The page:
By Wei Jingsheng
WP: As what the Dalai Lama has called "cultural genocide" goes on in Tibet, it is wholly unacceptable that Jacques Rogge, the head of the International Olympic Committee, refuses to take a stand against the Beijing government's current crackdown on Tibetan protesters. In fact, this is completely at odds with the "spirit of the Olympics."
Far more than Steven Spielberg, who quit his advisory role for the Summer Games because of China's unwillingness to pressure the Sudanese government on genocide in Darfur, the IOC has a special obligation to act. Since promised improvements in China's human rights were a quid pro quo for awarding the Games to Beijing, how can it proceed as if nothing happened when blood is flowing in the streets of Lhasa?
And if the Dalai Lama resigns from all his public positions in response to the violence, as he said yesterday that he might, the prospect of resolving the Tibet issue peacefully will be even more hopeless. We will feel very sorry if that comes about -- for Tibet and for China.
If the IOC doesn't move to put pressure on Beijing consistent with its obligations, it risks this Olympics being remembered like the 1936 Games in Berlin. Already, the spirit of the Olympics in Beijing has become associated with the word "genocide," thanks to Spielberg and the Dalai Lama. Indeed, if the IOC and the rest of the world do not pressure Beijing to stop the crackdown and improve human rights now, a boycott of the Games will widely be seen as justified.
Tibetans have long chafed under the oppression of the Chinese Communist Party. In 1959, when the Dalai Lama fled to exile in India, Tibetans' protests were harshly suppressed in a massacre that lasted more than a year. Since then, more than a million Tibetans have reportedly lost their lives because of the Chinese government's policies.
In 1989, it was Chinese President Hu Jintao, then a provincial leader, who suppressed yet another revolt in Lhasa by bringing in the military to kill people in the streets. And, of course, the whole world knows what happened in Tiananmen Square that year.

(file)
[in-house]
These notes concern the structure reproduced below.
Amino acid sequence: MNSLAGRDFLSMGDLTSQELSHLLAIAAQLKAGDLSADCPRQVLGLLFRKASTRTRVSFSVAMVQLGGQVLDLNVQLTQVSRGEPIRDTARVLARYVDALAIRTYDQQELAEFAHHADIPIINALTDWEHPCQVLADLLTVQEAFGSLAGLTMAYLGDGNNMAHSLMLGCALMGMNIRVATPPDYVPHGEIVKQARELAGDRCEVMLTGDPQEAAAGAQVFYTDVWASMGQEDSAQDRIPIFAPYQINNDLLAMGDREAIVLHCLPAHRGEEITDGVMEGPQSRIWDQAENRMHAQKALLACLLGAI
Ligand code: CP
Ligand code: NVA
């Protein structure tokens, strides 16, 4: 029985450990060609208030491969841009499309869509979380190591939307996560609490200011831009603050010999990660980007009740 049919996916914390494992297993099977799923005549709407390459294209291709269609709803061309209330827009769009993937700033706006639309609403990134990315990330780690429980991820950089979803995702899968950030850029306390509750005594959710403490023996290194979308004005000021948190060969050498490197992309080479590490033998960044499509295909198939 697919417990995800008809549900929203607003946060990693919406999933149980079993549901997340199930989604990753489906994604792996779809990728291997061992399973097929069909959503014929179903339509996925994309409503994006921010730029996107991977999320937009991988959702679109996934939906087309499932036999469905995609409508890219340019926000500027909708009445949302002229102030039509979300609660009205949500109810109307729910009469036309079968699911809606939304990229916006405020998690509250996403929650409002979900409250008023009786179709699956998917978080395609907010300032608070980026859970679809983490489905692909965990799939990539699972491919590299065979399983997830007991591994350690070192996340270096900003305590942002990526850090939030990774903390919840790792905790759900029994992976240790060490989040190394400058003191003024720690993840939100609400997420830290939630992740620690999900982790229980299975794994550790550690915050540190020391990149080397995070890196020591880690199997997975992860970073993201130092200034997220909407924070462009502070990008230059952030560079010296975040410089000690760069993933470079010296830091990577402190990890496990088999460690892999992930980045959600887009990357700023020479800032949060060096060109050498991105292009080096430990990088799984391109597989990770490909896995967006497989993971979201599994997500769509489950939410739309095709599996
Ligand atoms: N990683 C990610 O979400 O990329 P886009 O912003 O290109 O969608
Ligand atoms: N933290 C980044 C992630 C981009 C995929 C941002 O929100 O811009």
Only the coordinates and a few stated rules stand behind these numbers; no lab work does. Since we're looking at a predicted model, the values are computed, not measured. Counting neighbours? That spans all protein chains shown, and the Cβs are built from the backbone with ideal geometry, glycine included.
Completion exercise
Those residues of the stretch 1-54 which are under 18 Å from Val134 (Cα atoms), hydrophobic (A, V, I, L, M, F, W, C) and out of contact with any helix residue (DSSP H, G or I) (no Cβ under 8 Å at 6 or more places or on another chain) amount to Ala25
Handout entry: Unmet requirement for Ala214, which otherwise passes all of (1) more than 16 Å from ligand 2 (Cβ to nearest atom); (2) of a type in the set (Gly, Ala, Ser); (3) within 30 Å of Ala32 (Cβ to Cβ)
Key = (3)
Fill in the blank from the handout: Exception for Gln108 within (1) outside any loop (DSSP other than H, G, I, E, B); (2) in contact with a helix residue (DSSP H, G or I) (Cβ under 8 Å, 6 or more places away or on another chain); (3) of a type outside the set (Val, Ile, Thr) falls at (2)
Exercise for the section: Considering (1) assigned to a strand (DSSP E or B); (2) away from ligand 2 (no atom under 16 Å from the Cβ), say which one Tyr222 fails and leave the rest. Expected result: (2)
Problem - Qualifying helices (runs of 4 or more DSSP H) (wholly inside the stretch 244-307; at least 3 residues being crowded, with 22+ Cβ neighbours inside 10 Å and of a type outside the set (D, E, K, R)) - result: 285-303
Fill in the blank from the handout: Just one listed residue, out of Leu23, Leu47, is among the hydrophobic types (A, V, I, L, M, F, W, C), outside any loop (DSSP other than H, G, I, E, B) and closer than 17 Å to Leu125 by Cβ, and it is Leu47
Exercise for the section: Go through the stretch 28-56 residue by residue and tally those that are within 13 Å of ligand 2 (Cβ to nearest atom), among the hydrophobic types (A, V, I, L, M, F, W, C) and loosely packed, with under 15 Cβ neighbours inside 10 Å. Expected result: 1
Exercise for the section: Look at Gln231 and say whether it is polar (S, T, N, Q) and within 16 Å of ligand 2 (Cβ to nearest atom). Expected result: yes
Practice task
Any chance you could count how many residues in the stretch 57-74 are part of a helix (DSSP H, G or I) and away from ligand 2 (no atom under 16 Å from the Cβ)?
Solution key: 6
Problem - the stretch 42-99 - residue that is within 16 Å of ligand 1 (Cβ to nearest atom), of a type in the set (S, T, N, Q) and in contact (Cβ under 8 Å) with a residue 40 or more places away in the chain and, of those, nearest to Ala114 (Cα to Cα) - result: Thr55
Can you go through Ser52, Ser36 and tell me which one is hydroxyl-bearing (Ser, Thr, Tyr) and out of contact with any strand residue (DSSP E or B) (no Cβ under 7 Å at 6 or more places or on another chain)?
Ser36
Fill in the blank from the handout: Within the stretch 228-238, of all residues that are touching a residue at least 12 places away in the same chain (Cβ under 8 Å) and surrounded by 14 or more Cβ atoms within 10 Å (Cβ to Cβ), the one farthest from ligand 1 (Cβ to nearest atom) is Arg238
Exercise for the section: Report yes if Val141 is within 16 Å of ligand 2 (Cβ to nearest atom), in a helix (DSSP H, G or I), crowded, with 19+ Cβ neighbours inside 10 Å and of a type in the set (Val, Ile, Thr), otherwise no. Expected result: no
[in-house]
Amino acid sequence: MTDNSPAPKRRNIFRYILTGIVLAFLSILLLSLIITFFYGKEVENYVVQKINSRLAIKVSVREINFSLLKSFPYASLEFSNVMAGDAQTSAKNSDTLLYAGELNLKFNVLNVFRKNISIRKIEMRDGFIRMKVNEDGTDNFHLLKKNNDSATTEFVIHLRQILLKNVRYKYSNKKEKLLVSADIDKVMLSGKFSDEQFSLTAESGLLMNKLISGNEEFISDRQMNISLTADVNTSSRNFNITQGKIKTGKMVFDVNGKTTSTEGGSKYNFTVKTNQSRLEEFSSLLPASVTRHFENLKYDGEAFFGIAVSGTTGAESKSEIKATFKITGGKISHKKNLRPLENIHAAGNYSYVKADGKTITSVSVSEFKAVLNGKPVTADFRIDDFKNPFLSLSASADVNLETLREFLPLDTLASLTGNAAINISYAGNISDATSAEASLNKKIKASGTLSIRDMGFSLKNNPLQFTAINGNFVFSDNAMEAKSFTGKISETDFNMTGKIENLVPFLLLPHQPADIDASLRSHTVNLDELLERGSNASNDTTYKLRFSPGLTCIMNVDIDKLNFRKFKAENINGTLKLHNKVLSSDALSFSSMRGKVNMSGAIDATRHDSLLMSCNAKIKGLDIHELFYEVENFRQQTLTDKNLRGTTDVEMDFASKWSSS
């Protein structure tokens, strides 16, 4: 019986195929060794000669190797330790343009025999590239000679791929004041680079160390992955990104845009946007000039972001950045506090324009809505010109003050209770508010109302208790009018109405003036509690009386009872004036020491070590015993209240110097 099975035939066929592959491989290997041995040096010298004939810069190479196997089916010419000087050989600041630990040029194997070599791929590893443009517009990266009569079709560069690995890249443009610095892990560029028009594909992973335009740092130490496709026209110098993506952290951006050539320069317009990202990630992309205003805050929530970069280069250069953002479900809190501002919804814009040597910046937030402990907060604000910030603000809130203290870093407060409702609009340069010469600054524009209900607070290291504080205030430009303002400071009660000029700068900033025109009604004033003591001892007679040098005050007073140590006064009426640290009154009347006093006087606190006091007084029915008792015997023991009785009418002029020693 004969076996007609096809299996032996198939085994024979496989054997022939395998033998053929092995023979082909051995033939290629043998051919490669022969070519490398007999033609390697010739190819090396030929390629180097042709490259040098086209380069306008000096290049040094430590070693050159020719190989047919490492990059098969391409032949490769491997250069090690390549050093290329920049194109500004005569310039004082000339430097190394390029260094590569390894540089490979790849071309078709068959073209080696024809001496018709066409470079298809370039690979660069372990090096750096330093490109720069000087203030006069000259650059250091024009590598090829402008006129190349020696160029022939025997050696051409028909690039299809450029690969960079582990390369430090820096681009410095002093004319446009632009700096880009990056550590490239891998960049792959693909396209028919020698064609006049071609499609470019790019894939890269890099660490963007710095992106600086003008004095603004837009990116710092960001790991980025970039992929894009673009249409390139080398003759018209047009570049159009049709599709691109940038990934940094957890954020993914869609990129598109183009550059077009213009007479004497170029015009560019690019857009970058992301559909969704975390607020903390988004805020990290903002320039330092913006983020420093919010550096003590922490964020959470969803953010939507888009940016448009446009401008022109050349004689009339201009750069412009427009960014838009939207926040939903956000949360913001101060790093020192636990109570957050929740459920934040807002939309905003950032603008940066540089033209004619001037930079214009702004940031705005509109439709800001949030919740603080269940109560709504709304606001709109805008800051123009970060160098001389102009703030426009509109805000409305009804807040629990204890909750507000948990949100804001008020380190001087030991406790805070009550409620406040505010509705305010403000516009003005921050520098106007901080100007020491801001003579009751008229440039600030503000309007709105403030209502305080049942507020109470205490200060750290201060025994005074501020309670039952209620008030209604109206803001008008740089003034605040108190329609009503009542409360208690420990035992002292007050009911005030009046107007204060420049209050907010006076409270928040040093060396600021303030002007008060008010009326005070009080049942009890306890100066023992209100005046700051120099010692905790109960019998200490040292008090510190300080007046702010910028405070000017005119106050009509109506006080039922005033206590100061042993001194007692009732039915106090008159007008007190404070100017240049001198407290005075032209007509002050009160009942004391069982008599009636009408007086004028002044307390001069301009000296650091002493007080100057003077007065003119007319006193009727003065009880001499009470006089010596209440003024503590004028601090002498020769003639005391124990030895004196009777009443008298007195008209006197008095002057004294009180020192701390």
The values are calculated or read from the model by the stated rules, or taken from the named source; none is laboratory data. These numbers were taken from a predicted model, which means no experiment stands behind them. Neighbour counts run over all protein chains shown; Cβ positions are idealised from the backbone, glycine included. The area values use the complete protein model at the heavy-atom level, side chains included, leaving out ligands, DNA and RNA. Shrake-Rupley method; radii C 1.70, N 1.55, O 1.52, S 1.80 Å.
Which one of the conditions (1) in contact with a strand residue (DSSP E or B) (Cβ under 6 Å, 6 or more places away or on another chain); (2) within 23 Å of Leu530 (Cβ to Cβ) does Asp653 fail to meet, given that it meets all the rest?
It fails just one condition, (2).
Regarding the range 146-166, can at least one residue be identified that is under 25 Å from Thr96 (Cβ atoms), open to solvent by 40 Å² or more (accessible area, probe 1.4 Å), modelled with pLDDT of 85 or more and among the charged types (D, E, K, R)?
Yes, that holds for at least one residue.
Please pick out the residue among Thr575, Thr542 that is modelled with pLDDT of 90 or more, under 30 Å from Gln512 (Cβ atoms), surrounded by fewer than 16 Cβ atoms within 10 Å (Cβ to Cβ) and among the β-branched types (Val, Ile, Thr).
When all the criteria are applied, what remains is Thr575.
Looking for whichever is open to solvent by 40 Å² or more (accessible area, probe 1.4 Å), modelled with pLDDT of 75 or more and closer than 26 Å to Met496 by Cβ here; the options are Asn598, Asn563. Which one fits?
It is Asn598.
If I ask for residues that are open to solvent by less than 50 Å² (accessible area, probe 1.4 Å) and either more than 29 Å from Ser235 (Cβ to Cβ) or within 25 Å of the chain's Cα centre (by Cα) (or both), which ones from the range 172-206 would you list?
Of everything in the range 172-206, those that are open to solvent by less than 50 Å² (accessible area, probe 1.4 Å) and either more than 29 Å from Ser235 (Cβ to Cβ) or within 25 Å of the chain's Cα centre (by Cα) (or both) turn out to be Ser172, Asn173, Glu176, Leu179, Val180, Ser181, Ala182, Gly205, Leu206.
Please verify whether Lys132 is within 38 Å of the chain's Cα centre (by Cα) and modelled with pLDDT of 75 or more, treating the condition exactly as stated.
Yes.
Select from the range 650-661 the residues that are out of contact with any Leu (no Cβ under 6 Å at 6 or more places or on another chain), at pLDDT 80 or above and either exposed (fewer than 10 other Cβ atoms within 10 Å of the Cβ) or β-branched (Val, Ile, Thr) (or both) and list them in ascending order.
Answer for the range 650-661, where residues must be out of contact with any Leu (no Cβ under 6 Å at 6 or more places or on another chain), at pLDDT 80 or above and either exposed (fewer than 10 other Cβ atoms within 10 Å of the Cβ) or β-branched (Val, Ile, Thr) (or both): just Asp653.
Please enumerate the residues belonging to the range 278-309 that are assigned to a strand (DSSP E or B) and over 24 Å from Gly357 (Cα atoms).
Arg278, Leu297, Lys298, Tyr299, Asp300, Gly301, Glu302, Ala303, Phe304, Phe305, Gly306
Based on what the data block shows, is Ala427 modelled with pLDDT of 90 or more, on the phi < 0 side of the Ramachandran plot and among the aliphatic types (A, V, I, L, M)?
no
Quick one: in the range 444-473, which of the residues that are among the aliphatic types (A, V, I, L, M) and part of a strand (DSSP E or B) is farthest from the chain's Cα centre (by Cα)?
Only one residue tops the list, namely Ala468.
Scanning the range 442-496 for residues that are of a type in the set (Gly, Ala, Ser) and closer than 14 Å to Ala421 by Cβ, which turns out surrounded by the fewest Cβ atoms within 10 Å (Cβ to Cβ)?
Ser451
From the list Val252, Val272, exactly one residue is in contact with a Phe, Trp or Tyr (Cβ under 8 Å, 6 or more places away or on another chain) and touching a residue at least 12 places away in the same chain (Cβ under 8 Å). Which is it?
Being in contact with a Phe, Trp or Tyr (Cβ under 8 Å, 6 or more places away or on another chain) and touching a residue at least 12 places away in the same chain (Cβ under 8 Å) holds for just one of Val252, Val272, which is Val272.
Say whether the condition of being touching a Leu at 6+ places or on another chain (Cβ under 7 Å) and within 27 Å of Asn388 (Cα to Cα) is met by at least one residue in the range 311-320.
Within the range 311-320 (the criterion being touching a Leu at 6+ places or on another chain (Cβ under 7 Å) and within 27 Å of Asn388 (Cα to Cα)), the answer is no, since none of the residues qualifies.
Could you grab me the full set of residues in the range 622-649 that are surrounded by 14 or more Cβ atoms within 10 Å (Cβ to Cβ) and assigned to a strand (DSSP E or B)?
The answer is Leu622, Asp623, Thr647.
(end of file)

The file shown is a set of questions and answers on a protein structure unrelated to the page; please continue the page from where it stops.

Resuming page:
Clearly, without human rights and the rule of law, neither Tibetans nor the majority Han Chinese are safe from persecution at the whim of Communist authorities.
The old lies and propaganda don't work anymore. In the past, many Han Chinese didn't know about the sufferings of Tibetans. Now thanks to travel, tourism, cellphones and the Internet, the majority Han understand that the Tibetan struggle against tyranny is the same as theirs.
Of course, as part of its "peaceful" face, Chinese authorities have expressed their willingness to resolve the Tibetan issue through negotiation. But, as with Darfur, there is no sincerity behind this willingness and there will not be any unless international pressure is brought to bear. If there has been any lesson in all my years as an activist for democracy and human rights in China, it is that only international pressure coupled with internal pressure will yield solid results.
Jacques Rogge's unwillingness to pressure Beijing at this moment is so tragic because these Olympics are the turning point in modern Chinese history. Having invited the world to polite tea, the Communist Party rulers have turned their palace of power into a global glass house. They can no longer show both the smiling face of "a peaceful rise" to the world and the stern face of brutal suppression at home.
The Olympics will force China to show its true face. Only international pressure, by the IOC and others, will make sure it is the face we all want to see.
The writer, a recipient of the Robert F. Kennedy Human Rights Award, lives in exile in Washington. He was first arrested in China in 1979 for his activities with the "Democracy Wall" movement and was released in 1993 nine days before the International Olympic Committee voted on Beijing's bid for the 2000 Games. He was arrested in March 1994 for "plotting against the state" and released in 1997.